Redevelopment of Catholic Chaplaincy at Queen’s University

Redevelopment of Catholic Chaplaincy at Queen’s University

Redevelopment of Catholic Chaplaincy at Queen’s University to include essential upgrade of facilities, quality accommodation for students and investment in world-class faith and pastoral supports

The Catholic Chaplaincy at Queen’s University, together with Down and Connor Diocese, is working to deliver ambitious plans for the Chaplaincy’s landmark site at the historic heart of the university campus.

An application for planning has been submitted to Belfast City Council which, when approved, will see the redevelopment of Chaplaincy’s iconic building to include upwards of 40 units of quality student accommodation.

To make way for the self-contained studio apartments on the upper floors of the building, the Chaplaincy will relocate to the ground floor, ensuring greater accessibility.  There will be a much-needed upgrade of Chaplaincy facilities to include a welcome area, coffee bar, recreation and counselling spaces.

The current demand for student housing outstrips supply, with an estimated shortage of 6000 beds.  This has contributed to a housing crisis in the City which sometimes forces students to either commute from home, or move into poor standard accommodation in areas associated with anti-social behaviour.

This exciting new venture will see the Church play its part in easing the crisis, offering good quality, spacious accommodation in a much sought-after location. 

Conveniently sited opposite the new student services centre, on an avenue that connects the historic Lanyon Building to the Medical School on the Lisburn Road, the Chaplaincy is well-positioned to offer students a safe, holistic living and study experience. 

Chaplaincy expects its accommodation offering to be particularly attractive to international and postgraduate students, though it will be available to the entire student population at Queen’s, irrespective of religious background or affiliation.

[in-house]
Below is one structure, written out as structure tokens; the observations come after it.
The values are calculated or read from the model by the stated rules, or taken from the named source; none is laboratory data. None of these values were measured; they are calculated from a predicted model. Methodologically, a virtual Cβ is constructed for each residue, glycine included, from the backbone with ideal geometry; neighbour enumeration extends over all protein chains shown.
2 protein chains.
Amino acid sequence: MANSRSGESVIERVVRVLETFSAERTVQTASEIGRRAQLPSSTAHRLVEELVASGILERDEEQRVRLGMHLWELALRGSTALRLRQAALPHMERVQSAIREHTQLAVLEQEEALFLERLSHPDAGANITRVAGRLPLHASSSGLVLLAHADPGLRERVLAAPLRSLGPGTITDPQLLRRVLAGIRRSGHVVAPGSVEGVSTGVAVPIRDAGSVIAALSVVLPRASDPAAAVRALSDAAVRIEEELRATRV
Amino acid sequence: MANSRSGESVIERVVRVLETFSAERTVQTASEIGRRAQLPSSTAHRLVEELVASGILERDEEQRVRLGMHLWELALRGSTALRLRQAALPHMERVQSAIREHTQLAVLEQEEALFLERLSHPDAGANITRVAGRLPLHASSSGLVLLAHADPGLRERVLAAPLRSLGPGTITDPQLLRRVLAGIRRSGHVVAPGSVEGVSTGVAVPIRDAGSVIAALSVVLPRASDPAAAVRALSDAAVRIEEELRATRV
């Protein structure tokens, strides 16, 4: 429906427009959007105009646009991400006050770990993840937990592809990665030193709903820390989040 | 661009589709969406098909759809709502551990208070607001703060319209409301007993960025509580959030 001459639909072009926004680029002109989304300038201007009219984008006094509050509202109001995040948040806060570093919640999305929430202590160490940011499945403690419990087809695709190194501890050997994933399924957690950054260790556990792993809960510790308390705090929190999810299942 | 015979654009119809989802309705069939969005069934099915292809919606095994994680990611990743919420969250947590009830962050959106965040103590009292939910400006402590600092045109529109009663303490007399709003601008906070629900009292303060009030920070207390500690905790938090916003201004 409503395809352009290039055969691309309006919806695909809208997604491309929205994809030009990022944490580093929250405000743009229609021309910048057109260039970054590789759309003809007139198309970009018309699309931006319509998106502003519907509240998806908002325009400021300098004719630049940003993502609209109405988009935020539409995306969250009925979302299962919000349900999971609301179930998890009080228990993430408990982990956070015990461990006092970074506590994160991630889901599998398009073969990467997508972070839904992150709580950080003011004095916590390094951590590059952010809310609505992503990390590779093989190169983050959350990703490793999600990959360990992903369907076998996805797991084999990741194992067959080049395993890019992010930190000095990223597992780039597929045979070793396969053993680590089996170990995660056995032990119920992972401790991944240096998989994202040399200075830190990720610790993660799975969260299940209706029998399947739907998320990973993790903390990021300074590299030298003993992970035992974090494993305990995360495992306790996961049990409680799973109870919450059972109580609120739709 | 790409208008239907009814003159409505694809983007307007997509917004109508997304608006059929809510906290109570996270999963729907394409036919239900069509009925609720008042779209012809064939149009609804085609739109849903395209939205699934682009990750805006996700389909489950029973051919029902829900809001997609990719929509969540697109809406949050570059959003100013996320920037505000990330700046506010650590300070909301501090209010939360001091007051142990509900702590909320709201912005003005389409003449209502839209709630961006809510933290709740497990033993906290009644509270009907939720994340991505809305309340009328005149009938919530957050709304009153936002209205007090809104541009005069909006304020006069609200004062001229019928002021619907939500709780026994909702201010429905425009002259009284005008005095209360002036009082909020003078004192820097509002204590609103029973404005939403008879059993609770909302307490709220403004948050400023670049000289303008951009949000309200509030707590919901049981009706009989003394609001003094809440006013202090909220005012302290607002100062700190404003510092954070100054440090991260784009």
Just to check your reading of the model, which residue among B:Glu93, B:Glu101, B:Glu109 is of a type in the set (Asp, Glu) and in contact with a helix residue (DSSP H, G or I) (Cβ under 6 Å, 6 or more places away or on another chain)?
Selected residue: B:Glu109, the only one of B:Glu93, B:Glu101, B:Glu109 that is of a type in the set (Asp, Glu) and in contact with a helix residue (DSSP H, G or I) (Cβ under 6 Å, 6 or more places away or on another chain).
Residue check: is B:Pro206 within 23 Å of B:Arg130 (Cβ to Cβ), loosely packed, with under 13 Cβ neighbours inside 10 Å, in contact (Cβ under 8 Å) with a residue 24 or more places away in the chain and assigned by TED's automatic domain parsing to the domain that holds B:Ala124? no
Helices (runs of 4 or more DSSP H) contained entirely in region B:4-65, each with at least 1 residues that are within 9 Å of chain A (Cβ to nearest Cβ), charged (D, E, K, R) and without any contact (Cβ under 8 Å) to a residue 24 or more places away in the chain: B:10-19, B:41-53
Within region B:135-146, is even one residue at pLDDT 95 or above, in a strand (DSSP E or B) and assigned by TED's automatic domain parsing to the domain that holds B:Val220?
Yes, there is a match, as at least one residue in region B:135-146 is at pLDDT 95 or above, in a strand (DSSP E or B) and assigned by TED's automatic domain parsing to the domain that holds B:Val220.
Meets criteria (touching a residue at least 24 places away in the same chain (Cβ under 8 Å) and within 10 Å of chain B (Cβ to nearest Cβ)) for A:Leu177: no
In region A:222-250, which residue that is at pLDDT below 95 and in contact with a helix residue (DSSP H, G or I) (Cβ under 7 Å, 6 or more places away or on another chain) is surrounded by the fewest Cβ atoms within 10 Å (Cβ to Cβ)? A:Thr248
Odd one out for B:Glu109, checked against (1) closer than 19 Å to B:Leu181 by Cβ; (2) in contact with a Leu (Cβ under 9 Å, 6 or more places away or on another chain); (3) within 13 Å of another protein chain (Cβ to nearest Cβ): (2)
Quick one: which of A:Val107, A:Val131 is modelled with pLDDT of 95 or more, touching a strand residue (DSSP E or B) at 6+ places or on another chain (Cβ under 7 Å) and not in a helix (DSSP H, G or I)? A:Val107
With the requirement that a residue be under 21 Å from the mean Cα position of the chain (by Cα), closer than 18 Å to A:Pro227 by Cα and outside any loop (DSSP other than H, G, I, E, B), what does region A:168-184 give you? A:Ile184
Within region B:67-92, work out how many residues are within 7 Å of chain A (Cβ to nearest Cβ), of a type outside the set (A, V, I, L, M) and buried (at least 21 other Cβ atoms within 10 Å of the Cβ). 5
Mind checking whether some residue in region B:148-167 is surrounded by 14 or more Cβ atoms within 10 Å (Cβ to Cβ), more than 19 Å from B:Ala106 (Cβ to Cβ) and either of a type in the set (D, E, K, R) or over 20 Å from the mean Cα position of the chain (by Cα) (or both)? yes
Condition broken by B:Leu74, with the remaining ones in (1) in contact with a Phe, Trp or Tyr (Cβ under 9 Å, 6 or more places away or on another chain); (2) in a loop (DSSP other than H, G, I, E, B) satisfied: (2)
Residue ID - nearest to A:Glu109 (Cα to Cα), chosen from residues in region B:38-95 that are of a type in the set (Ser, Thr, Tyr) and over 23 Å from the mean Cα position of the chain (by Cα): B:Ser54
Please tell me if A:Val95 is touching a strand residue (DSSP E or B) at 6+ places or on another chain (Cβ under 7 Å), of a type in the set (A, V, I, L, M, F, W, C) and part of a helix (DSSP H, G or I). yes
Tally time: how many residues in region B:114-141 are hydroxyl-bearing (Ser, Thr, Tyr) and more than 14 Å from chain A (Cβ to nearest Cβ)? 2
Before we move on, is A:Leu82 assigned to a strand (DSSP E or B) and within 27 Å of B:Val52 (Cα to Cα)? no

First opened in 1972, the Chaplaincy’s modernist style was considered a daring intervention on an avenue known for its red brick Victorian terraces.  Located within an architectural conservation area, the Chaplaincy building recently attracted listed status, with its façade, cloistered garden and Chapel identified as especially praiseworthy.  Award-winning conservation architects, Consarc, are working to deliver a redevelopment that safeguards the architecture and spirit of the much-loved building. 

The Chaplaincy is confident redevelopment will untap the potential of its premises, giving the building and its important mission to students, a new lease of life.  It will also place them on an equal footing with other Christian chaplaincies at Queen’s, who have been offering student accommodation for a number of decades.

The venture is generously supported by Down and Connor Diocese and evidences its commitment to invest in the education and general wellbeing of young people.  Together with a distinguished group of alumni and friends, the Diocese is working to safeguard the Chaplaincy’s  financial sustainability well into the future.  After the capital outlay for the redevelopment is recouped, any profits will be reinvested in the delivery of world-class faith and pastoral supports to students, the demand for which continues to grow year-on-year.

As the Chaplaincy marks 50 years on Elmwood Avenue, it is envisioning the future with confidence and embarking on a new and exciting chapter in its partnership with one of Ireland’s oldest and most respected universities.